10 Secrets of the GMAT

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Regular readers of this site know that I'm not a big fan of methods to "beat the test." My priority is helping you learn the material. However, there are plenty of things about the test itself that you should know, apart from grammar and geometry rules.

1. Time Management is Everything

Everything. It doesn't matter whether you can answer a question correctly; it matters whether you can do so in the time allotted. Finishing each section (i.e., giving yourself enough time to get through all 37 math questions or 41 verbal questions) is crucial to your score.

2. The Last Questions Are As Important As the First

The most persistent myth about the GMAT (and other computer-adaptive tests) is that the first few questions make or break your score. It's not true. Odds are, if you get most of the first five questions wrong, you're not going to get a high score, but that has a lot more to do with your skill level than the algorithm that determines your score.

3. You Don't Need 90th Percentile Scores To Get a 90th Percentile Score

This sounds paradoxical, but it's not. If you score approximately in the 80th percentile of the quantitative section and the 80th percentile of the verbal section, that translates into a 90th percentile or better score. (92nd, last time I checked.)

4. Rates and Ratios Are More Important Than Combinations and Permutations

People obsess about the latter, and test-prep companies enable that obsession. In fact, there are far more questions on the test on "simple" content types like rates, ratios, and percents. The secret: those areas--especially rates--really aren't that simple, and most test-takers don't study them enough. That's why Total GMAT Math includes extensive drills on all of those topics you may have ignored.

5. There Are No "Almost Right" Verbal Choices

Despite the wording of the test's instructions, don't rank verbal answer choices by "most right," "almost right," "sort of right," and so on. There are two possible classifications: "correct" and "incorrect." That's it. On every single verbal GMAT question, four of the answers have something identifiable wrong with them.

6. GMAT Prep Courses Aren't Designed To Get You a 700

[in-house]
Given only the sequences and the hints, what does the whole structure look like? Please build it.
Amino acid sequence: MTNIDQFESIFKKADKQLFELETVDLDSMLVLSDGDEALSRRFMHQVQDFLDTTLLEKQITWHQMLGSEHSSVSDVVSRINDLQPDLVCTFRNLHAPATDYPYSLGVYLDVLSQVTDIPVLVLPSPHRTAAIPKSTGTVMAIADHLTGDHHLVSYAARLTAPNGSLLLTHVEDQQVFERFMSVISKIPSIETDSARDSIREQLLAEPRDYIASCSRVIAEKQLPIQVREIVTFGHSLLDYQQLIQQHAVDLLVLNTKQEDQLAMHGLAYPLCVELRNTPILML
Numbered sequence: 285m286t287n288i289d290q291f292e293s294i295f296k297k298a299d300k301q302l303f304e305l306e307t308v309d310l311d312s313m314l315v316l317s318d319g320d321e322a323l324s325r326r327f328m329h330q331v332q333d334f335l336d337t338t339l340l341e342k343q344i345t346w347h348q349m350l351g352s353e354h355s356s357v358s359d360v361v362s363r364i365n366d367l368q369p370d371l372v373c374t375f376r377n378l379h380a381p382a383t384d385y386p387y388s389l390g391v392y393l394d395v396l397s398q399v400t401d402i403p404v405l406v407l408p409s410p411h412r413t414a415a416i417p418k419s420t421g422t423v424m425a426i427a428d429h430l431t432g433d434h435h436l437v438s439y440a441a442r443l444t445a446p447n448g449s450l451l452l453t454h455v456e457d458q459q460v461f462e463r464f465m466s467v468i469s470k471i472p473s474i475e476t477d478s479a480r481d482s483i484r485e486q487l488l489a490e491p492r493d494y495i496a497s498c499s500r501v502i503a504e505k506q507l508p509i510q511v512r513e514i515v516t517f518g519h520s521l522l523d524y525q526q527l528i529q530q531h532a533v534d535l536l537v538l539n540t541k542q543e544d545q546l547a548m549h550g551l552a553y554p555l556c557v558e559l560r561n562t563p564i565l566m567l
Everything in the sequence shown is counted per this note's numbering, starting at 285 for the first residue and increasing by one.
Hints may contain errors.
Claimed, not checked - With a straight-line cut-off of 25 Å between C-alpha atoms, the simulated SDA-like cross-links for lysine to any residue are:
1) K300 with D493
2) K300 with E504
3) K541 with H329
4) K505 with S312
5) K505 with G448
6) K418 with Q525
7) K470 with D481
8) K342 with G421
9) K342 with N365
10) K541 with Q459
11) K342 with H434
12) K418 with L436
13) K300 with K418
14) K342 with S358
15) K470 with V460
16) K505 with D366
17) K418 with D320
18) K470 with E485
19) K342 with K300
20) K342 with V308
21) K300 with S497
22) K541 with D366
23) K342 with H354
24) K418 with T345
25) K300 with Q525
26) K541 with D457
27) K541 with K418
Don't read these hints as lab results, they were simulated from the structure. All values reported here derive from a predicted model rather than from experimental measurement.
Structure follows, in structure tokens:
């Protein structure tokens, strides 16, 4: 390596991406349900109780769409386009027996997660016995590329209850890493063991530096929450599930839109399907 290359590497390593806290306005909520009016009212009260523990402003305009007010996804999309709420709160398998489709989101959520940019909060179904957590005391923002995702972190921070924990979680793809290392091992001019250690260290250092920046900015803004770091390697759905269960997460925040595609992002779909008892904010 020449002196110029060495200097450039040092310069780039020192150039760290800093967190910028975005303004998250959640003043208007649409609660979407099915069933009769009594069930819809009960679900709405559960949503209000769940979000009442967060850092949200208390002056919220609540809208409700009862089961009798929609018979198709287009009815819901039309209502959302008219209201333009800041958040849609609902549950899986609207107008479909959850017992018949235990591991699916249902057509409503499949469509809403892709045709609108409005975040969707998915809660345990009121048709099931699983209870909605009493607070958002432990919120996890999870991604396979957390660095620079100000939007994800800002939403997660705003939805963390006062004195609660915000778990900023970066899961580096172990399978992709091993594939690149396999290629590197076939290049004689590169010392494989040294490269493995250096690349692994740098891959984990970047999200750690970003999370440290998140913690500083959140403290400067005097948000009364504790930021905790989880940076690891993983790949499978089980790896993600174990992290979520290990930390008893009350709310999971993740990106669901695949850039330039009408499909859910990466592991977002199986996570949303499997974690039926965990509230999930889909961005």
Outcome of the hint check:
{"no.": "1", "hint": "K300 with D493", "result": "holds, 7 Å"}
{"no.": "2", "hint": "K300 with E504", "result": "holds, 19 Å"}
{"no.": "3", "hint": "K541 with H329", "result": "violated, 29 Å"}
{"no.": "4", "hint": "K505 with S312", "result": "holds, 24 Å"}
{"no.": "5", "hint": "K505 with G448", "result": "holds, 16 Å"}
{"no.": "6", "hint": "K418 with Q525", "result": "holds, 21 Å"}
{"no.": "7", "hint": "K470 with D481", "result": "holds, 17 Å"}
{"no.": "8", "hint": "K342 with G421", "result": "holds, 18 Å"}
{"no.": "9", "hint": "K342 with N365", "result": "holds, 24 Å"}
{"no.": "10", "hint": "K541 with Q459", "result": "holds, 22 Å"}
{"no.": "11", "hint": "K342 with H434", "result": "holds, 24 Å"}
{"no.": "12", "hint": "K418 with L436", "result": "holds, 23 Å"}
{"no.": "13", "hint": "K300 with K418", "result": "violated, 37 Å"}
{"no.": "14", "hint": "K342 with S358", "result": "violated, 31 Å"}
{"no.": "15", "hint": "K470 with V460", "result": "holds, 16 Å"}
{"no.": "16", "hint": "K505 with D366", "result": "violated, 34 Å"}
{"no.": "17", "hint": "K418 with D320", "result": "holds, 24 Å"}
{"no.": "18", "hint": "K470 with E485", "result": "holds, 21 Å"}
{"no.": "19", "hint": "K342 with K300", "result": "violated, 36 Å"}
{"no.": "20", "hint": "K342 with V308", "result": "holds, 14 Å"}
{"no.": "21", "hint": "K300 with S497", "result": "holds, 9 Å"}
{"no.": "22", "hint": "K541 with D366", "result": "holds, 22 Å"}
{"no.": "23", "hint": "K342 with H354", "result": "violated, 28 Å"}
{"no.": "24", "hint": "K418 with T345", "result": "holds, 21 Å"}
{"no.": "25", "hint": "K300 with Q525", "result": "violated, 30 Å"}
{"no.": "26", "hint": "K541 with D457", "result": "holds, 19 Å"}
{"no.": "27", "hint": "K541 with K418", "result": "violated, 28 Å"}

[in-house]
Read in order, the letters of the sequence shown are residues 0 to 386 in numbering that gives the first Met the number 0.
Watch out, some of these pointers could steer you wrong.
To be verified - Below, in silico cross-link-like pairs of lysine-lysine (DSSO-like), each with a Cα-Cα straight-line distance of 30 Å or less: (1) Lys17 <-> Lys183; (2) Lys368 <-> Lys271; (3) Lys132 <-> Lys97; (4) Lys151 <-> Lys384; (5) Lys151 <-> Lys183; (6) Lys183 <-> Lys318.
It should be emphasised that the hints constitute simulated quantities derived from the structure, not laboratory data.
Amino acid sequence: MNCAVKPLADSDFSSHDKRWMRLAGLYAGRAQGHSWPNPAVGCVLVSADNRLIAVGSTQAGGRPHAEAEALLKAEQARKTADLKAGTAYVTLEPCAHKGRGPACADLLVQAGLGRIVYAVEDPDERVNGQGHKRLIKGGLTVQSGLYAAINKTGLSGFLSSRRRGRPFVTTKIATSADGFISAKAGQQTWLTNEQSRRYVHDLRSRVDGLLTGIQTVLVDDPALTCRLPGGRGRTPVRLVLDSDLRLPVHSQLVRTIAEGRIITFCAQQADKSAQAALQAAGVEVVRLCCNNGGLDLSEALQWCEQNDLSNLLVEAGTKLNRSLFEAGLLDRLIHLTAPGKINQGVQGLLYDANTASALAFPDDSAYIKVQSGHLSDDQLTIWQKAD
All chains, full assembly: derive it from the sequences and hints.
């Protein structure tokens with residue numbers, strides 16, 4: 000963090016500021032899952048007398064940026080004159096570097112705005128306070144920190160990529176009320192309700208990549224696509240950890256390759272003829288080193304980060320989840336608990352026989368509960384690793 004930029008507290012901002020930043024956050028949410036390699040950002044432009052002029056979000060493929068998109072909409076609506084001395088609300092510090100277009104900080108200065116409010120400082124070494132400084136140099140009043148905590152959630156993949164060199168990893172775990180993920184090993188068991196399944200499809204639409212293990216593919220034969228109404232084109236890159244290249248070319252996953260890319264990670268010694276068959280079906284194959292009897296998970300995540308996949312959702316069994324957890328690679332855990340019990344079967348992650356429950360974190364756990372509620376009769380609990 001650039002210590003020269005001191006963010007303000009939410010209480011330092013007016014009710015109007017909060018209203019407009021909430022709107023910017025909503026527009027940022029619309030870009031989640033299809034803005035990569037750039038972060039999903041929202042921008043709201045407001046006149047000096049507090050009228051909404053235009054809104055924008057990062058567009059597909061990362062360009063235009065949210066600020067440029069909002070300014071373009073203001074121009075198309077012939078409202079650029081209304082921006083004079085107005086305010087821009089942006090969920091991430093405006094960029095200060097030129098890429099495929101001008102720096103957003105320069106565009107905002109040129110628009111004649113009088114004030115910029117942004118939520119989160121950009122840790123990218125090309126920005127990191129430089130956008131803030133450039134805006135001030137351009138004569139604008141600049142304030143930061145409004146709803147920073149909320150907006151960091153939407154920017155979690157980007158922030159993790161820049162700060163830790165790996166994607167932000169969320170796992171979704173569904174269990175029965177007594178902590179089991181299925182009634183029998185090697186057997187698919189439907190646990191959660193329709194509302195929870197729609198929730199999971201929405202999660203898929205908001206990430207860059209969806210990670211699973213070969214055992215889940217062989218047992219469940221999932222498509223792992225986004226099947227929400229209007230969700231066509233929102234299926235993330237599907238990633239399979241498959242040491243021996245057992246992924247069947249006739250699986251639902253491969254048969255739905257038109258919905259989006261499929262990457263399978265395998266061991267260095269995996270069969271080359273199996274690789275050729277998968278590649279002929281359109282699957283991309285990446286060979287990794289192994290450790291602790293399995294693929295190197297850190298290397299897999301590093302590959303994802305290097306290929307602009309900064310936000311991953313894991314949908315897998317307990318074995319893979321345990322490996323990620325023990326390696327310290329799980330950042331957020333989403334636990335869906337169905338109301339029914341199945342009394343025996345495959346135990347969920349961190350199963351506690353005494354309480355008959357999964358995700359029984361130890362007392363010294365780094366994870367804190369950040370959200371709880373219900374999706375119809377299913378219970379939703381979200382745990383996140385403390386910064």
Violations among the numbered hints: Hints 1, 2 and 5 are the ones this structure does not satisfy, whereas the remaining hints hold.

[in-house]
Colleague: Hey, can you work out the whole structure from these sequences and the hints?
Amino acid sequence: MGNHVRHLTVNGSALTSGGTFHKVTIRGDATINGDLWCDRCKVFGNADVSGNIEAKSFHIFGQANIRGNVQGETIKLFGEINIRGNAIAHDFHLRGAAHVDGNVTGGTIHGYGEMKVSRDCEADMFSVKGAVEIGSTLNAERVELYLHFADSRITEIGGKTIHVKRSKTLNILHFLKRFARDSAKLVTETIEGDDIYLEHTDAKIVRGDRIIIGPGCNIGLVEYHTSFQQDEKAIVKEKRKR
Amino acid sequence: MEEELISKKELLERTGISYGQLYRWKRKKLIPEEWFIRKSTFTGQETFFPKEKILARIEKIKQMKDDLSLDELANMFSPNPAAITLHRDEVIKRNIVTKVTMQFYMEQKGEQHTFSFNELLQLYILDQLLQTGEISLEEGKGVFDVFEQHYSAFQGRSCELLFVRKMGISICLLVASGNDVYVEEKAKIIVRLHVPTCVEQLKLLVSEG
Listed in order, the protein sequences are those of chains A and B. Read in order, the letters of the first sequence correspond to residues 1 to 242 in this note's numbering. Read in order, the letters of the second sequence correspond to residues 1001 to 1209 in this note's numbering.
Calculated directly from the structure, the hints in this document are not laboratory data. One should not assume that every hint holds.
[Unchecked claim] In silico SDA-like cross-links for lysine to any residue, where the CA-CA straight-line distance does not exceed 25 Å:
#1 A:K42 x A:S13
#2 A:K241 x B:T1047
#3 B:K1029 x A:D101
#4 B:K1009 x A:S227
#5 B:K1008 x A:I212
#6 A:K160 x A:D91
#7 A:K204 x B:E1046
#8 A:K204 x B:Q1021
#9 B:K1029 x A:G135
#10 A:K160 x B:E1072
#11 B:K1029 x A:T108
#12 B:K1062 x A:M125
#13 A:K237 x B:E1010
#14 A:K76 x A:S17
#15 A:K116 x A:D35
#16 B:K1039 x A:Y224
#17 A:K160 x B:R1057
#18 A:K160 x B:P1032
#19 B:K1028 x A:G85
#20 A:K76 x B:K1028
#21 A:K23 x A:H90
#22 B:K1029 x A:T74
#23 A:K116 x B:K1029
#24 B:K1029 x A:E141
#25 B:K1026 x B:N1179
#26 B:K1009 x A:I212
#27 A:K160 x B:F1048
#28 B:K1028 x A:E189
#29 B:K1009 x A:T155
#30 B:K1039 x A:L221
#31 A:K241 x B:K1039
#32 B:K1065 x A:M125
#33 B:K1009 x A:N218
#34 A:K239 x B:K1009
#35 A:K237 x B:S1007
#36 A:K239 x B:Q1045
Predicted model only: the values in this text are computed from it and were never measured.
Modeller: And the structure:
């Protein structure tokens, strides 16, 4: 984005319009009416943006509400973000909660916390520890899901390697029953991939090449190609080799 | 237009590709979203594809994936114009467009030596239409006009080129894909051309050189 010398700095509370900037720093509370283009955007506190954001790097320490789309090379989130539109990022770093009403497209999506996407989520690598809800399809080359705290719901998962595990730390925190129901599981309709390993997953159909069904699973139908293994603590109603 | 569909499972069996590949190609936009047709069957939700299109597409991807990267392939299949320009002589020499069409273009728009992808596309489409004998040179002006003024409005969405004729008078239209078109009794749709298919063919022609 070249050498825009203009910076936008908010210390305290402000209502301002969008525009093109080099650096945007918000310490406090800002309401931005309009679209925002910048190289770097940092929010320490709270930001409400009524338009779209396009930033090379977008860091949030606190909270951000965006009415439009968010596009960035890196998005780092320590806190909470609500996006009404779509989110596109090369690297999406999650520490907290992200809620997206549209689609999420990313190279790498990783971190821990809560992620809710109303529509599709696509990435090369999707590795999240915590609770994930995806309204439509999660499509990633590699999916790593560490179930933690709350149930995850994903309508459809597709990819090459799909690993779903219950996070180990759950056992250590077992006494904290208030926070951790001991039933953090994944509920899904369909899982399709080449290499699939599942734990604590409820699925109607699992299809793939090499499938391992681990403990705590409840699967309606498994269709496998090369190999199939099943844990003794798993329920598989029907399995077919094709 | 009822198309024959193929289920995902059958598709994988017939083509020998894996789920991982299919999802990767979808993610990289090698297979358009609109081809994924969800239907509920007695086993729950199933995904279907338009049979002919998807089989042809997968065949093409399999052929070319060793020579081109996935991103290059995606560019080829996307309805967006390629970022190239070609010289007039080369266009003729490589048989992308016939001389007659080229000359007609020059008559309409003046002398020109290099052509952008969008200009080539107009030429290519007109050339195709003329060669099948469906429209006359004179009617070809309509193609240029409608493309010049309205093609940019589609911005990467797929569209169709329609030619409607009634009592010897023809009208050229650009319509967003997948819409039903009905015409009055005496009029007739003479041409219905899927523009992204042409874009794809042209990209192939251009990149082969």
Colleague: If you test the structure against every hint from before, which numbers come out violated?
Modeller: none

Prep courses are designed to appeal to a wide range of students, and that means the content is generally aimed at people whose ceiling is in the 600 range. That doesn't mean you can't go to Kaplan and get a 700 eight weeks later--of course you can. But most of the work that gets you from a 600 to a 700 comes from you, not from what you'll learn in class.

7. You Have Plenty of Scratch Paper

Unless you have huge handwriting (in which case you should work on that), the front and back of six sheets of paper is plenty. Don't stress over it. Worst case scenario, you can raise your hand and the proctor will bring you more. Of all the aspects of your GMAT test experience that should worry you, this is pretty close to the bottom of the list.

8. There Are Lots of Experimental Questions

Depending on who you ask, there are as many as 8-10 experimental questions per section. That's close to one in four. If you needed any more convincing that you should guess on the questions that completely baffle you and save time, this should be it.

9. Science passages Aren't Uniquely Challenging

If you approach them correctly, anyway. You don't really need to learn any science, you just need to catalogue the information you're given and keep track of some differing opinions, just like on any other type of passage.

10. You Don't Need Long Division

The GMAT reliably uses a set of simple numbers. When it doesn't, you can usually approximate. There are few better uses of your study time for the math section than learning some mental math tricks. They will save you time on the exam, and you'll get a better grasp of how numbers "work together" for questions on topics such as factors and multiples.



About the author: Jeff Sackmann has written many GMAT preparation books, including the popular Total GMAT Math, Total GMAT Verbal, and GMAT 111. He has also created explanations for problems in The Official Guide, as well as 1,800 practice GMAT math questions.

Total GMAT Math

The comprehensive guide to the GMAT Quant section. It's "far and away the best study material available," including over 300 realistic practice questions and more than 500 exercises!
Click to read more.